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Two American Presidents: A Dual Biography of Abraham Lincoln and Jefferson Davis

by Chadwick, Bruce
Publisher: Birch Lane
Issue: Summer 1999
ISBN: 1559724625

The problems with Two American Presidents are so all-pervasive that no sort of detailed critique can be offered in this brief compass. Carelessness with facts abounds, whether simple misidentifications -- historian James Rabun appears as Rabin -- or misstatements such as repeatedly giving Davis five children instead of six and four sons rather than three. We are told that Davis grew his beard in 1861, despite several photographs from the 1850s that show the beard firmly in place.

Worse are the baseless exaggerations. Davis graduated only from West Point, yet is described as being "one of the best educated men in America," and also as "one of the richest men in the country," though his plantation actually belonged to his brother, Joseph, and more than once Davis toyed with leaving politics because of his precarious finances.

Chronology is equally challenging to the author. He lists an honorary degree from Maine's Bowdoin College as one of the praises heaped on Davis in 1861, when in fact Davis received the degree in 1858. The patent absurdity of a New England college giving a degree to the Confederate president should have occurred to someone connected with this book.

Equally troubling, sources are either misunderstood or misused. In several places where the narrative is clearly derived from one specific source, that source is not credited, and in others it appears that Bruce Chadwick simply borrows citations from secondary accounts.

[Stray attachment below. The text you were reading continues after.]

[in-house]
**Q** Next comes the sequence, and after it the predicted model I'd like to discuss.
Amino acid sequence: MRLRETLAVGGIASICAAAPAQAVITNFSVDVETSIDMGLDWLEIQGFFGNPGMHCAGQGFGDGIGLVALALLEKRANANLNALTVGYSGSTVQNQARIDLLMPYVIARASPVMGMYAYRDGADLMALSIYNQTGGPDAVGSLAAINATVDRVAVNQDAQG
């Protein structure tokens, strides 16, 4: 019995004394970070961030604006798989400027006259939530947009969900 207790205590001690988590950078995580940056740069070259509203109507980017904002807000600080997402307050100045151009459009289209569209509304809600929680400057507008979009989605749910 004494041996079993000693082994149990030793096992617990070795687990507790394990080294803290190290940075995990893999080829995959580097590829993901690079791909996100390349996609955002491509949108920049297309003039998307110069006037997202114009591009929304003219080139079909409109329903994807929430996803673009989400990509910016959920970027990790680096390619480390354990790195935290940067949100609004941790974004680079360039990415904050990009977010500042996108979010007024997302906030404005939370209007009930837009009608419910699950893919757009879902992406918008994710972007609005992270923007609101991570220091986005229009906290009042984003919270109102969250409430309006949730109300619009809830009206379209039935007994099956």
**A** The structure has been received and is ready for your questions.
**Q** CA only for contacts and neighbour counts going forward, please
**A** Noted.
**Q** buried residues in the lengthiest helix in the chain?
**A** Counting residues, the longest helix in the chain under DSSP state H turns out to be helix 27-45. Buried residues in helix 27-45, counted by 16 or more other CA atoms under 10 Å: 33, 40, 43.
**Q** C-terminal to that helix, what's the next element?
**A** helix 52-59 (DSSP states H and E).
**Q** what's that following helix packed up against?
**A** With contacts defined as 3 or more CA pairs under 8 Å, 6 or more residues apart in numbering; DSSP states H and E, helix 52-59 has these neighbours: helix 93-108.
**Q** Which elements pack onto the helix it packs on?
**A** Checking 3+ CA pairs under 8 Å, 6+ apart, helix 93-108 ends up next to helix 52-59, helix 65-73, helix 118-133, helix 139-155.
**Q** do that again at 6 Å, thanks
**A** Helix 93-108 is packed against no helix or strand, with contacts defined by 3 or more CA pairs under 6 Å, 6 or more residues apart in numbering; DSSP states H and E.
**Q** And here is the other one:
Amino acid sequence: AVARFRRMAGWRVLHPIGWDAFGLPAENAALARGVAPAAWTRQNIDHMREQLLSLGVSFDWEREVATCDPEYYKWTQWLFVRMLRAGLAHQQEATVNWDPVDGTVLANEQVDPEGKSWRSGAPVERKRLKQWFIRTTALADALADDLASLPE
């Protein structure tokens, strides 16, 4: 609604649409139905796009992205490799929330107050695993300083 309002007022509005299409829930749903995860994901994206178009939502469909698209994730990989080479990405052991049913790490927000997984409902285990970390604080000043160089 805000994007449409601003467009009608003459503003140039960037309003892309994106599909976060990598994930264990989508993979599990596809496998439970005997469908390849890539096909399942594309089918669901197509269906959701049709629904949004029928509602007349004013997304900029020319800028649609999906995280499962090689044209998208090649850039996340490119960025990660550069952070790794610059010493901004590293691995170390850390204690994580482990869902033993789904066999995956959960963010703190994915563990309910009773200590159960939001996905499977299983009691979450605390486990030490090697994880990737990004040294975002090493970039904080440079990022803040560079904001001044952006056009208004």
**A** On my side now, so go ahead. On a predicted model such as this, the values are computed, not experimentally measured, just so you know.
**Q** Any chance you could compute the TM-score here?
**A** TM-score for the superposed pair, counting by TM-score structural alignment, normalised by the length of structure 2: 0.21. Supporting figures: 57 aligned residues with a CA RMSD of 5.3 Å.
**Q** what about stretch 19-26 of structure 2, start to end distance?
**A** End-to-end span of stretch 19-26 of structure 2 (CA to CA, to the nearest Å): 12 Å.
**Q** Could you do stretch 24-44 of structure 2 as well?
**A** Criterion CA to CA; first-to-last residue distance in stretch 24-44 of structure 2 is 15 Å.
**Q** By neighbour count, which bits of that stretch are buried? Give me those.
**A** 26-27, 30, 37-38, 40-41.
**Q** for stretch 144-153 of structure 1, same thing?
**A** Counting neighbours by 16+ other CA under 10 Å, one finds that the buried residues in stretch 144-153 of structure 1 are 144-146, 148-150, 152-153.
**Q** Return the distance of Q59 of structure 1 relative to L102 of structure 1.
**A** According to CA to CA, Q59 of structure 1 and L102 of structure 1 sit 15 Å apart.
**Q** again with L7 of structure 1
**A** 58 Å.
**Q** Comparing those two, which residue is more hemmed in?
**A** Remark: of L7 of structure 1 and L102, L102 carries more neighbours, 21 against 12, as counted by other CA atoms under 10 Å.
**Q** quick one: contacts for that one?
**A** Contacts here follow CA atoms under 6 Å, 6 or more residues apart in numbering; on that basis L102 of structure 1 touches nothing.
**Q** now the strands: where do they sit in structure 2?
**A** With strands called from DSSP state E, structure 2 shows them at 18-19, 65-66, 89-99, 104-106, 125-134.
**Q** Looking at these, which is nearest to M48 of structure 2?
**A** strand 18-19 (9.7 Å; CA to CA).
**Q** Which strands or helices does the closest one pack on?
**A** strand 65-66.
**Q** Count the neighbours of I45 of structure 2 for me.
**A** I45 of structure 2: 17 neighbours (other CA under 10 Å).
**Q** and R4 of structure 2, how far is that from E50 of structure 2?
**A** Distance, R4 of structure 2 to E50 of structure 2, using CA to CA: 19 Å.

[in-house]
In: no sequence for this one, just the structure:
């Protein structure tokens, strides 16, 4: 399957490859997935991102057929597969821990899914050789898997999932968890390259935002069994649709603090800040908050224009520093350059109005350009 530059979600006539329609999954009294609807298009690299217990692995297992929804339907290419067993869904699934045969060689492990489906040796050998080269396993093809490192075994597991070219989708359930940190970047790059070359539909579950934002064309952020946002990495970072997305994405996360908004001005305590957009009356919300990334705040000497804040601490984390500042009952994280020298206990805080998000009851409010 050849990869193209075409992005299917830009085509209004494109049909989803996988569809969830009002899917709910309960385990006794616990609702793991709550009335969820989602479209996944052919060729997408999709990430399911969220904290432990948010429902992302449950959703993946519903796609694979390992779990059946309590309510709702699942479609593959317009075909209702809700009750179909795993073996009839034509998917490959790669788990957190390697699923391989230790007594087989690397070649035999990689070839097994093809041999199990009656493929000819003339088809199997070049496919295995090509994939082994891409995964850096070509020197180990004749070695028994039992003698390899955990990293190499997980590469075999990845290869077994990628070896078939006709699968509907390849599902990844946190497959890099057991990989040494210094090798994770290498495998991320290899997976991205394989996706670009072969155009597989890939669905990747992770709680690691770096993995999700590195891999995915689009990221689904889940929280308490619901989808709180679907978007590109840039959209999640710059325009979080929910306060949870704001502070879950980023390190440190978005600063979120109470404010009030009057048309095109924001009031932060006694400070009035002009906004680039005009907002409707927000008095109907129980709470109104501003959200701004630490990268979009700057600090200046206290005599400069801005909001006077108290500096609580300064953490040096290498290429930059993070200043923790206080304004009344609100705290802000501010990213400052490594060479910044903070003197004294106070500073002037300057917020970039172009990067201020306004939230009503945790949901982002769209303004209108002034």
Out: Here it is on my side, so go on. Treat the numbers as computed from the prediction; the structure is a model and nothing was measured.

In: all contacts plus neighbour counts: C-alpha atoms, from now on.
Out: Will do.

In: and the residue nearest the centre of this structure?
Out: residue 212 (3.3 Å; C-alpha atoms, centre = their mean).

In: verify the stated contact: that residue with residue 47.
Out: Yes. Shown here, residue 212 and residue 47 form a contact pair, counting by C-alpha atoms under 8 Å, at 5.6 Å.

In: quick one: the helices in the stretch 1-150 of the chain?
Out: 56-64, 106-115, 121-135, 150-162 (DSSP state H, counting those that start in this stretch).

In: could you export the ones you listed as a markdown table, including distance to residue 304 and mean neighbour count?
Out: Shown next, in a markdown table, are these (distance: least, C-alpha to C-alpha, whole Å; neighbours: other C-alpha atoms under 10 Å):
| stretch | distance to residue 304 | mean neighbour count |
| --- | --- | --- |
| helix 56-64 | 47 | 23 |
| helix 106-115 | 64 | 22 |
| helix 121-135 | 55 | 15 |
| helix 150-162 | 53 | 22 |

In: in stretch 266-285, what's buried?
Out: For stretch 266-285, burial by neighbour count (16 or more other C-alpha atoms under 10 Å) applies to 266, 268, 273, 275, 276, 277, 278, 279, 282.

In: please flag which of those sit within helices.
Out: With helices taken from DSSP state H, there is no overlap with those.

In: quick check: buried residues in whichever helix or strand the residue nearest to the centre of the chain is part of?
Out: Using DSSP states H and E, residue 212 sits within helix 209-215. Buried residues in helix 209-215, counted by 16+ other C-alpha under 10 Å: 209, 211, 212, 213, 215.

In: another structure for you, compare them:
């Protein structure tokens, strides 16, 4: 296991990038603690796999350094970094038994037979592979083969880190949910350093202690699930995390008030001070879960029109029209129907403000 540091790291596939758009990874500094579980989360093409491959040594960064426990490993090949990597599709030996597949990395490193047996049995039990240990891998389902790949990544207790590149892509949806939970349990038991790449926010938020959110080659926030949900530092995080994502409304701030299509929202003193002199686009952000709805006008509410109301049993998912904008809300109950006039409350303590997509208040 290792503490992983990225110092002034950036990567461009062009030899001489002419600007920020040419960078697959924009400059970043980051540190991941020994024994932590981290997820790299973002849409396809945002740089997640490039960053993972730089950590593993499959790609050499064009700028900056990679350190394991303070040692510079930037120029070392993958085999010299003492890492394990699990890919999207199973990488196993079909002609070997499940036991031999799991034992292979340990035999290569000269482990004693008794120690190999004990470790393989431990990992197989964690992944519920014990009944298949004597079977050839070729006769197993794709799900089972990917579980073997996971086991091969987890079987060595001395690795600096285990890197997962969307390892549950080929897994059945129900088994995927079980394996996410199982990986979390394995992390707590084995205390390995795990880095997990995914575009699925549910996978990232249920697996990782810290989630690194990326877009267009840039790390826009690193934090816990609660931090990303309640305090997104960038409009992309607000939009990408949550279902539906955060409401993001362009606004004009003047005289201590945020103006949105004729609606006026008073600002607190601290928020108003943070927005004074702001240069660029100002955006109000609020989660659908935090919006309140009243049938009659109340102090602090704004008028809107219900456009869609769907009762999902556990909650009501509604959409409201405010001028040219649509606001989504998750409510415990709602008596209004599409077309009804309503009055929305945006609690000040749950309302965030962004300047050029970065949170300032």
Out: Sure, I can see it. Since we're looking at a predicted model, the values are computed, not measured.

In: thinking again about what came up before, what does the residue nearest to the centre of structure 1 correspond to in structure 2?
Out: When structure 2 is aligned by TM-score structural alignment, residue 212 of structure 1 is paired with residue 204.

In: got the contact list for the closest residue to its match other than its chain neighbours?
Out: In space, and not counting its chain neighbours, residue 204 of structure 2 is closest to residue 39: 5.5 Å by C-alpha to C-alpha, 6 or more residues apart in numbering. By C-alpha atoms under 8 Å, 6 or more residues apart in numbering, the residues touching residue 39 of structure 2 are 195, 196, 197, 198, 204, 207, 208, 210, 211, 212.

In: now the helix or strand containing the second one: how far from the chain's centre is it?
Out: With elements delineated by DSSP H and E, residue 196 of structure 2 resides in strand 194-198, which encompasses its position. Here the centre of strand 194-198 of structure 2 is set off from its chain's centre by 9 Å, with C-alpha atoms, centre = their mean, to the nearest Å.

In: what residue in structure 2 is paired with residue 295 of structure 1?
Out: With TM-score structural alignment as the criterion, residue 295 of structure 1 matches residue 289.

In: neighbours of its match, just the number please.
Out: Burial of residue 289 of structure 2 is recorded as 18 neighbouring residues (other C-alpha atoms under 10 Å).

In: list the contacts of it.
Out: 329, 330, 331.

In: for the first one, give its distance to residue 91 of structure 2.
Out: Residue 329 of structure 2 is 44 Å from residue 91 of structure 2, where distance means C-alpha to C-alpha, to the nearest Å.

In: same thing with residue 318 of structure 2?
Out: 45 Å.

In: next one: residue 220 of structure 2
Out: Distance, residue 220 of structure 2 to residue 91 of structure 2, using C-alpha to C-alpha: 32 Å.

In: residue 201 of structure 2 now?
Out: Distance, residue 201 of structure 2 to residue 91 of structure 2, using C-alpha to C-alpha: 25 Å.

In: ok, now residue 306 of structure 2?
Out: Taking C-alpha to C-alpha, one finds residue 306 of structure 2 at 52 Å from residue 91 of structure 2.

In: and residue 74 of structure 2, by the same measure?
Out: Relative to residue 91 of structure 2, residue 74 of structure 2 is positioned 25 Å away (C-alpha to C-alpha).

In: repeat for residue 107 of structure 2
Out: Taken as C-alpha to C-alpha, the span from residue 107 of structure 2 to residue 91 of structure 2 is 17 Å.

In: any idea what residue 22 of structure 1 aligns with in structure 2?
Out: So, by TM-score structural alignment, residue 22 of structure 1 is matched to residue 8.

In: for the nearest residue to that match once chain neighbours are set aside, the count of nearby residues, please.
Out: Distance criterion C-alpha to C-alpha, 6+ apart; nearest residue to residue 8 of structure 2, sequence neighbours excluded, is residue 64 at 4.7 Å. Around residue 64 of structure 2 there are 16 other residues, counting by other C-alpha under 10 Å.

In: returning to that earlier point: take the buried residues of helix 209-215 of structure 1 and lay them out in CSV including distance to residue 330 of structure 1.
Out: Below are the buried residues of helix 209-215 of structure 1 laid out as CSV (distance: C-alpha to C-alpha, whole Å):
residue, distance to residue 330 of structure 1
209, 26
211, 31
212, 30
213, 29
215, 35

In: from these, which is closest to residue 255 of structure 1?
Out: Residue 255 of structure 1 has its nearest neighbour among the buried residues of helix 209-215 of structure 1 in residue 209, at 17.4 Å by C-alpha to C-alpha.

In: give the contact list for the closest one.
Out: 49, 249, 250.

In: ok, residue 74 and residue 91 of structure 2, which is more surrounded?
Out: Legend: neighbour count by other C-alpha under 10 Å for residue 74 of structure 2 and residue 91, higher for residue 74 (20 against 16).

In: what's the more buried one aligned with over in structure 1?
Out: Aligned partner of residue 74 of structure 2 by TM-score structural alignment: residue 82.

Such shortcomings would be mitigated if his conclusions offered something new or trenchant. Nowhere, however, do we get the summary "comparing the two presidents . . . to examine how the differences in their characters and styles of leadership affected the outcome of the war," which is Chadwick's avowed purpose in writing the book. Rather, there are just scattered comments during conventional biographical accounts of their administrations, and they mainly conform to traditional orthodox views.

The Civil War abounds in comparisons, this general versus that, this battle against another. It is one of the traditional means we have of measuring men and events to form conclusions as to why things have happened. No two men of their era offer a richer opportunity for comparison than Lincoln and Davis, and while contrasts between them have been made innumerable times, no one seems to have devoted a whole book to a comparison until now. Unfortunately, even after the appearance of The Two American Presidents, that job still remains to be done.

William C. Davis is a past editor of American History Illustrated and Civil War Times Illustrated, and a prolific Civil War author. His latest book, Lincoln's Men, is reviewed in this issue.

Davis, William C., review of Two American Presidents: A Dual Biography of Abraham Lincoln and Jefferson Davis, by Chadwick, Bruce, Civil War Book Review, (Summer 1999).